From acclaimed author Alexander C. Irvine comes a gritty near-future thriller in the paranoid, prophetic vein of Philip K. Dick and Richard K. Morgan.
One hundred years from now, with Americans hooked into an Internet far more expansive and intrusive than today’s, the world has become a seamless market-driven experience. In this culture of capitalism run amok, entrepreneurs and politicians faced with rampant overcrowding in the nation’s penal system turn to a controversial new method of cutting costs: life-term buyouts. In theory, buyouts offer convicted murderers the chance to atone for their crimes by voluntarily allowing themselves to be put to death by the state in exchange for a one-time cash payment, shared among their heirs and victims, based on a percentage of what it would have cost taxpayers to house and feed them for the rest of their natural lives. It’s a win-win situation.
At least that’s what Martin Kindred believes. And Martin is a man who desperately needs something to believe in, especially with his marriage coming apart and the murder of his brother, an L.A. cop brutally gunned down in the line of duty, unsolved.
As the public face of the buyout program, Martin is a lightning rod for verbal and physical abuse–but he embraces every challenge, knowing his motives are pure. But when evidence comes to light that a felon in line for a buyout may have been involved with his brother’s death, Martin’s professional detachment threatens to turn into a personal vendetta that will jeopardize everything–and everyone–he holds dear. Inspired by today’s politics, Buyout is an unforgettable look at an all-too-believable future . . . and one man’s struggle to do the right thing.
From the Trade Paperback edition.
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|Title of eBook: Buyout|
|Release Date: 03-31-2009|
|Allowed Countries (hover)|
|Publisher: Random House Publishing Group|
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Rumors had been flying for days behind the energy-neutral windows of Antelope Valley Casualty. The company was being sold. A huge restructuring, with accompanying layoff massacre, was on the horizon. A big change in the regulations was about to be announced that would drive them out of business. Martin Kindred listened to them all on his way to the coffee machine, and listened to them all again on his way back. Then he kept working. Anything that happened up on the ninth floor might as well be the weather, was the way he looked at it. He had policies to revise and the first quarterly report of the year coming due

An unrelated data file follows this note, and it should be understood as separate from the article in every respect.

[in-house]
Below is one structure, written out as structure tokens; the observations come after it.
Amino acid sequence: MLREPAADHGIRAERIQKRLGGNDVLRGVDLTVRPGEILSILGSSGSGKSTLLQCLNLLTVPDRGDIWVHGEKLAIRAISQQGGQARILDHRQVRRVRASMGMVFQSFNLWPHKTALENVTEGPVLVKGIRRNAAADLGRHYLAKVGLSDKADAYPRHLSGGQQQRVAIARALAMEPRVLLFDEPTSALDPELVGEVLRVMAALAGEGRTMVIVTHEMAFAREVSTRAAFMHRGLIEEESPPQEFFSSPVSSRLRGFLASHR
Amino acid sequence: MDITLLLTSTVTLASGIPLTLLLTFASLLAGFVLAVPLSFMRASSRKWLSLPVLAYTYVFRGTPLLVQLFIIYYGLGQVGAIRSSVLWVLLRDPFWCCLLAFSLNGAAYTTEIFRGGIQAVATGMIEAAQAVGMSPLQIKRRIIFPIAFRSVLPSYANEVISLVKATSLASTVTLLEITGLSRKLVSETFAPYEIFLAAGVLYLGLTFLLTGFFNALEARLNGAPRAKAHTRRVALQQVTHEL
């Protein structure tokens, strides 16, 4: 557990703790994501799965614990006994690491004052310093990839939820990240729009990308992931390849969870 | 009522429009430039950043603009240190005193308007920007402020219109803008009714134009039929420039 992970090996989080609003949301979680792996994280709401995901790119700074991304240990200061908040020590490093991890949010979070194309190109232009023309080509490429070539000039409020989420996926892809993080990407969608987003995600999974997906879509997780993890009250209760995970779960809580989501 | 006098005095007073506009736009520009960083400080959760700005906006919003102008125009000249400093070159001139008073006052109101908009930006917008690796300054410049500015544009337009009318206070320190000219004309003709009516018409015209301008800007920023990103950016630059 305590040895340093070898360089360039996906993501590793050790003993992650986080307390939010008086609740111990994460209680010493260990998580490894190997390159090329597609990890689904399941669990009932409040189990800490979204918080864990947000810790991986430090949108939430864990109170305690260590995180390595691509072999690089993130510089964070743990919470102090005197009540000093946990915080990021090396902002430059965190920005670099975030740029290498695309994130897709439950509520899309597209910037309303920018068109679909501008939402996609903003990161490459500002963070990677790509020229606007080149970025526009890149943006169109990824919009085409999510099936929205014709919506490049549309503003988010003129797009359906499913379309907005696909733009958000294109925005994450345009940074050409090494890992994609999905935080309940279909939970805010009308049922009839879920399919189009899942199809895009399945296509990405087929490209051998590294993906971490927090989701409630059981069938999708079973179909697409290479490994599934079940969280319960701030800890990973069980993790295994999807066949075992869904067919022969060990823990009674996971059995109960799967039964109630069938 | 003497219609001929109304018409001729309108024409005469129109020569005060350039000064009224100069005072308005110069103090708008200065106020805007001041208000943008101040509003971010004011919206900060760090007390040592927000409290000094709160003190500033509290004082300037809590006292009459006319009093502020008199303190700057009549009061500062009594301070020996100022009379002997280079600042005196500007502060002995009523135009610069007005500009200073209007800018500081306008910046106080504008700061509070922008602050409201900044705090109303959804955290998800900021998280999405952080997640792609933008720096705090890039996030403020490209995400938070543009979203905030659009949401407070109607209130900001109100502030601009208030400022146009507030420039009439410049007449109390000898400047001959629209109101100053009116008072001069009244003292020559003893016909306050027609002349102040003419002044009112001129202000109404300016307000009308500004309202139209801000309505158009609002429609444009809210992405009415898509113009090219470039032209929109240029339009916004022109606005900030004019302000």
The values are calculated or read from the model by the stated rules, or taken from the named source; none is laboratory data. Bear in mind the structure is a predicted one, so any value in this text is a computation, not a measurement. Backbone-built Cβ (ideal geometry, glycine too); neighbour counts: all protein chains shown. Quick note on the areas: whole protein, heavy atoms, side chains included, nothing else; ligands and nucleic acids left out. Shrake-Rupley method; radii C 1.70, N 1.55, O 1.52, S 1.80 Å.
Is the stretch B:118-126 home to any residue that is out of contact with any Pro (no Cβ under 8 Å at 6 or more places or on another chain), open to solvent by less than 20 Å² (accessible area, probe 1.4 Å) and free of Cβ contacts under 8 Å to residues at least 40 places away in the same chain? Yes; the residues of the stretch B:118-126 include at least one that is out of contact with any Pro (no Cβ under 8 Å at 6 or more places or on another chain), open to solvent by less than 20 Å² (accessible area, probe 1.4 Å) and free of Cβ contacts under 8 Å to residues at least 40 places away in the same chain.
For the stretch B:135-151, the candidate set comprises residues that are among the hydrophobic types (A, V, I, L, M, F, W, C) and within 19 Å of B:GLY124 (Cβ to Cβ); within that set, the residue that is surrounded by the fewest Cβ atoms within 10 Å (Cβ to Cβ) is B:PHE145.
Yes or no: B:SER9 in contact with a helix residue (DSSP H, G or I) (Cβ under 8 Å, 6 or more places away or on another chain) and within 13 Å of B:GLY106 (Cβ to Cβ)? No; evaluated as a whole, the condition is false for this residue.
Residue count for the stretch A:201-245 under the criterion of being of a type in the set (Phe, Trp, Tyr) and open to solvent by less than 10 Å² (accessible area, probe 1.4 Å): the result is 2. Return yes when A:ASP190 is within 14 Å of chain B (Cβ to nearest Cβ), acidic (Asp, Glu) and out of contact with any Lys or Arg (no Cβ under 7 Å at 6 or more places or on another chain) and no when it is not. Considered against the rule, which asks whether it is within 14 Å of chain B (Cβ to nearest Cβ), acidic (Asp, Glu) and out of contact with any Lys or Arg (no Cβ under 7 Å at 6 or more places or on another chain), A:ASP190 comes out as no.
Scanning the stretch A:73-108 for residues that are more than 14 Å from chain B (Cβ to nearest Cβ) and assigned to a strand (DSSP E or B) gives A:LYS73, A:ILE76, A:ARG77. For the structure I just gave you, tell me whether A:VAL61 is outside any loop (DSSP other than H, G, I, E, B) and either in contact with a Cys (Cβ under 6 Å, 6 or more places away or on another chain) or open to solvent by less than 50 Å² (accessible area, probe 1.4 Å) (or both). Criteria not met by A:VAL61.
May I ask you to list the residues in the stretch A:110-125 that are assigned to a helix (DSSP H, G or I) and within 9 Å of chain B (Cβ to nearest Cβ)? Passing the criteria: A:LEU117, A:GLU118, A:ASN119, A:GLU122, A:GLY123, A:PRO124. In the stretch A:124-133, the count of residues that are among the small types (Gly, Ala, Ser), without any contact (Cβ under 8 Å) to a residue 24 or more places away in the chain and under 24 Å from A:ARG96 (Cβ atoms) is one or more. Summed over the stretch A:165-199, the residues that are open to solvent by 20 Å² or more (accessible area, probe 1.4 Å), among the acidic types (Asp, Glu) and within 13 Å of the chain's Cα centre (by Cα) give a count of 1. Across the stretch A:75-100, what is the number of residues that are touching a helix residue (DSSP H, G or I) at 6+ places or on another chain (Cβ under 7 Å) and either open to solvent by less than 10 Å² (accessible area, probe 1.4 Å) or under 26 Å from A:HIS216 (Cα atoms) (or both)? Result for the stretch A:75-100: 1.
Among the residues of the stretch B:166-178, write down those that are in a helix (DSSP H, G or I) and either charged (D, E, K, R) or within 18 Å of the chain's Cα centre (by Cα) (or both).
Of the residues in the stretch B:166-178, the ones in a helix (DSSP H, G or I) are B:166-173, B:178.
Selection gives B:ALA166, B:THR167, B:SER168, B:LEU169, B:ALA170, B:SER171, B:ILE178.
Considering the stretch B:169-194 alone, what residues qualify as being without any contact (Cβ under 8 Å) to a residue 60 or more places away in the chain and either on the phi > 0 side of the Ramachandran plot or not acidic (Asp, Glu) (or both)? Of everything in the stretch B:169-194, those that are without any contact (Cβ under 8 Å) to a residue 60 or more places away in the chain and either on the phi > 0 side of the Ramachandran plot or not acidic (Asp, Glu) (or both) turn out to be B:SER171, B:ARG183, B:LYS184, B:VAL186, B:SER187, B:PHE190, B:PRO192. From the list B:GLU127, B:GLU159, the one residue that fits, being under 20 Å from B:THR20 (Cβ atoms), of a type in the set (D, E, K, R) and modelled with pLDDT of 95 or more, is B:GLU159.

in a week. AVC had had a tough go of 2039, and he was feeling a little pressure—make that a lot—to make Q1 of 2040 cheerful. The fourth-floor financial daemon was gloomy, and Martin pushed figures around his desktop, experimenting with different configurations to see which would go over the best on the ninth floor.
He was pinged, at ten fifty-seven, by Santos Queiroz, an AVC lifer who, by quiet obsequiousness and careful displacement of his mistakes onto subordinates, had gradually moved up to the ninth floor. Martin answered the ping with some reluctance, since Santos was more nervous about the Q1 report than he was, but answer it he did, doing his best to look professionally optimistic as Santos’ face wiped out the unsatisfactory arrangement of figures on the desktop.
“Martin, hi, how are you,” Santos said. “Listen, can you come upstairs?” By which Martin assumed Santos meant Santos’ office, so he said, “Sure.” When he got up to the ninth floor, he found Santos’ office empty. Wa